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Canadian Urbanism Uncovered

I ‘heart’ Halifax

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At last week’s launch party the Spacing Atlantic street team gave guests the opportunity to identify their own personal “heart of the city” on a 3m x 3m map of the urban area surrounding Halifax harbor. Eighty two people in attendance took the opportunity to stick a sticker and rep the spot they felt best represented the cultural, social, commercial, or traditional centre of the city.

The spacing editors gave me a copy of the map earlier this week and I have taken the opportunity to perform a bit of basic analysis on the placements we all choose. As a refresher, here is the whole map as it looked at the end of the night (each red dot is a unique estimation of the heart of the city).

The visual clustering of heart choices provides some obvious insights at first glance; Spring Garden Road, Citadel Hill, the North and South Commons, and the Public Gardens hold strong through this exercise as landmarks of the city. In addition to these expected clusters the choices clustered around Marginal Road, the intersection of North and Robie, and around Gottingen Street provide some cursory evidence as to the success of the Seaport redevelopment and the growing profile of these neighbourhoods among those in attendance at the launch.

There is a secondary clustering that is missed by the analysis; the tendency for guests to choose locations for their heart of the city near (or even in) the ocean; the North West Arm, the Dingle, George’s Island, the MacDonald Bridge, and Point Pleasant Park all featured prominently in the choices of guests.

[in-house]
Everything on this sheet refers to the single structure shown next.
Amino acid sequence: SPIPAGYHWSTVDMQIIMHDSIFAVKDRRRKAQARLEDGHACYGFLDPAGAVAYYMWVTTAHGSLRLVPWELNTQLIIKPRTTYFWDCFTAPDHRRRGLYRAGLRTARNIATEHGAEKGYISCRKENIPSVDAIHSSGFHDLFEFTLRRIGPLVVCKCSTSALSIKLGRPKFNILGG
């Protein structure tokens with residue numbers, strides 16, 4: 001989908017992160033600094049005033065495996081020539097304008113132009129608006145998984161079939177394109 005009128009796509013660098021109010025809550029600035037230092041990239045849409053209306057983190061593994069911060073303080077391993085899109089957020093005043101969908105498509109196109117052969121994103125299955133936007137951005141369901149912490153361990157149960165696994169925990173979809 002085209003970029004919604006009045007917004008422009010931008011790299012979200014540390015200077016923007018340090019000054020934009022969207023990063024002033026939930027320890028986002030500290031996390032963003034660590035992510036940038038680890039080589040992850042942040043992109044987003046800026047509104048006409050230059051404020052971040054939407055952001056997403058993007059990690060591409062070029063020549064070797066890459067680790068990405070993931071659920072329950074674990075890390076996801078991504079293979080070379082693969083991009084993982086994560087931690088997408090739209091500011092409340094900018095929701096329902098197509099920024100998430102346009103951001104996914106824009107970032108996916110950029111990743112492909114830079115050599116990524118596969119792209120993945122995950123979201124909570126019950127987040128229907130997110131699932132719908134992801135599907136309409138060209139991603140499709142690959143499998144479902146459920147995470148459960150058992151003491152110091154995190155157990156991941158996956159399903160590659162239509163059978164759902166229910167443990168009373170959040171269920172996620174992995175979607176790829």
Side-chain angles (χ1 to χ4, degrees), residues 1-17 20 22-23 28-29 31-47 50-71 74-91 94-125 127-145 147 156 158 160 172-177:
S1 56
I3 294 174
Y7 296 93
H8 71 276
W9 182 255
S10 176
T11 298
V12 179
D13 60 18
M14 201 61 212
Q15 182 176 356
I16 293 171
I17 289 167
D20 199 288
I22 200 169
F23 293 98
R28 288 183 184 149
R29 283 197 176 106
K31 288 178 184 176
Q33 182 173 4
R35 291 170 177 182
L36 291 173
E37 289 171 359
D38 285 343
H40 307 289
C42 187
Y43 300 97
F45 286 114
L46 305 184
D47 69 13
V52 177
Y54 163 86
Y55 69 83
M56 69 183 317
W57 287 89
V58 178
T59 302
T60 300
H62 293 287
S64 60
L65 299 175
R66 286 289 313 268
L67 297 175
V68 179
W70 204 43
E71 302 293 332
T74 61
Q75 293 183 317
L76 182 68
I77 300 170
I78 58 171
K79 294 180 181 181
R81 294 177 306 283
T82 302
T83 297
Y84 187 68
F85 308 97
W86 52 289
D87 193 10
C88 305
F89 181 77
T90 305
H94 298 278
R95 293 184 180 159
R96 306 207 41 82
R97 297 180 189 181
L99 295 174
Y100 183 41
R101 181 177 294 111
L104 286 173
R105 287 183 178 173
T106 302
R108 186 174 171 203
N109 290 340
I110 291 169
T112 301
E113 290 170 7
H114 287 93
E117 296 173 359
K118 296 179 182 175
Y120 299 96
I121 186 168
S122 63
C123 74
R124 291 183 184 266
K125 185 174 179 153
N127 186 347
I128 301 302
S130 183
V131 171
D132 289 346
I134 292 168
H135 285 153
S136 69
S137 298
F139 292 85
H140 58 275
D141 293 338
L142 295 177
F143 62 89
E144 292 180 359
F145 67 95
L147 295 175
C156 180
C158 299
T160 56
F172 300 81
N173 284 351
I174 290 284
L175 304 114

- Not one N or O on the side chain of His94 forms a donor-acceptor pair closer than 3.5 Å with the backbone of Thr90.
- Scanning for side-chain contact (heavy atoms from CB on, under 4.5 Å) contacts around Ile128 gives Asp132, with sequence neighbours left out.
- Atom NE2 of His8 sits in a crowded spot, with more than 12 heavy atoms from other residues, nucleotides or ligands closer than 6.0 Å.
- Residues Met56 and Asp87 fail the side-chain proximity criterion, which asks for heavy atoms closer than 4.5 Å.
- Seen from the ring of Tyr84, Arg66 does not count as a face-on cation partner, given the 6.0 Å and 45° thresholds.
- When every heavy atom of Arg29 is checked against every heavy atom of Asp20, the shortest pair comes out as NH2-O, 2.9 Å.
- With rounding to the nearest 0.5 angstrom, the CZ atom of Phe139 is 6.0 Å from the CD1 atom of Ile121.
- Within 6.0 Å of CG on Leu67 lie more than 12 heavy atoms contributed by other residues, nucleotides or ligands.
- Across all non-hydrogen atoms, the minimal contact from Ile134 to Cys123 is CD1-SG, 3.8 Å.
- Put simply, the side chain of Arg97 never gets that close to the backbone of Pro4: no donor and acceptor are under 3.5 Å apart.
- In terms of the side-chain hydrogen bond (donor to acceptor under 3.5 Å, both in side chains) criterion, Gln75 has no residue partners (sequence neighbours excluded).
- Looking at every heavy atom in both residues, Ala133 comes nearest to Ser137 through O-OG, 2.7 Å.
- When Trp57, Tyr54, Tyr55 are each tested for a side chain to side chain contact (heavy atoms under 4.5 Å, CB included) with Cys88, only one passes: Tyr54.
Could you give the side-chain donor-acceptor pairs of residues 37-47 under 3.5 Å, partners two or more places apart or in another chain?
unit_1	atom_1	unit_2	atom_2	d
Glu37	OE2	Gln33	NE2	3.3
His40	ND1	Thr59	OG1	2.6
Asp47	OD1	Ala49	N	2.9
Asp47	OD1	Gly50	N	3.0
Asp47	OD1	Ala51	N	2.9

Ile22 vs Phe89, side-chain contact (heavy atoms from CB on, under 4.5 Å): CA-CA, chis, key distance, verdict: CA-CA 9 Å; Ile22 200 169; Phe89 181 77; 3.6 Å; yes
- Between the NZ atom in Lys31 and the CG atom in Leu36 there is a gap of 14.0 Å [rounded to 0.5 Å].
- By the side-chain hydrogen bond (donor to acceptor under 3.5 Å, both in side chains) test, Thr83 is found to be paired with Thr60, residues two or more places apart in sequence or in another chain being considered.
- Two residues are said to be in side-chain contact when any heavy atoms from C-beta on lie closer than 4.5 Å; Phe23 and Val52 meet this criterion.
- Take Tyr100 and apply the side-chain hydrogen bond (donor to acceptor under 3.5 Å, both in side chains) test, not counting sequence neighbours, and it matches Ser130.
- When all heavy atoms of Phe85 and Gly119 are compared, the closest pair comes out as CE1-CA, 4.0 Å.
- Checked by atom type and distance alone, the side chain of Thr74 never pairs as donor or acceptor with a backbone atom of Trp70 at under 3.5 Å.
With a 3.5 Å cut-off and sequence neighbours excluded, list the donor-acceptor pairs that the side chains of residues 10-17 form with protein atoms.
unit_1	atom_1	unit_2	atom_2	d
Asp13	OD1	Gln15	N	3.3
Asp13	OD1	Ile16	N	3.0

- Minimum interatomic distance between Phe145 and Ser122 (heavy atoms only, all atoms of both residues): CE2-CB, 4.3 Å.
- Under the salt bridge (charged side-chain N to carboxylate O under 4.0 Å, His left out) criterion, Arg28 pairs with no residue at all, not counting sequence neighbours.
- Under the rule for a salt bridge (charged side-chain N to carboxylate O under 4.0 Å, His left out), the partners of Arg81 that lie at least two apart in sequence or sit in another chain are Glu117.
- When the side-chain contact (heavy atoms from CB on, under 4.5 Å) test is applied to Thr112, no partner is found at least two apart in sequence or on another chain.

In an effort to provide a summary of the choices that were made I calculated at the geographic mean centre of the heart of the city.  The result was comically unsurprising, see below (orange dot).

Fort George, at the top of Citadel Hill, was calculated to be the geographic centre of our choices for the heart of the city (the south-western side of the fort, to be exact).

The fact that this site appears at the centre of 82 unique individuals’ choices for the heart of the city is no doubt influenced by the raw geography of the peninsula, the traditional situation of landmarks in reference to the defensive position (Fort George), and the fact that this was almost the exact geographic ground breaking of British settlement in the Halifax region. These factors (and others) have influenced the way the city has developed since inception and, in turn, how the resultant built form and landmarks of the city influenced each of the attendees at the launch party.

I am not suggesting here that this siting of the average “heart” was predetermined or that it is definitive in any way whatsoever but I do think that this siting should make us think a little bit about the strength of heritage and history in Halifax, and how this strength continues to influence—consciously or not—the way we all experience our city in the present.

dots courtesy of the 82-plus guests at the Launch Party last Wednesday



  1. Loved the map… when I left, I was the only dot in Dartmouth. I put the “heart” there, too, at Five Corners… perhaps out of badness.

  2. Great work Jacob; the result is comically entertaining.  I kinda feel that the heart of Dartmouth is at Sullivan’s Pond: a block from 5 Corners, up from the waterfront near the downtown and Banook…

  3. I have to admit that I took a ‘pin the tail on the donkey’ approach to finding the heart. the heart ended up in the harbour…

  4. Maps are fun to play with, and I like this example.

    Creative mapping is a really good exercise to undertake just to get a better feel for the city. Mapping where you walk, or where you’ve gotten drunk, or bank machines you take money out of, etc…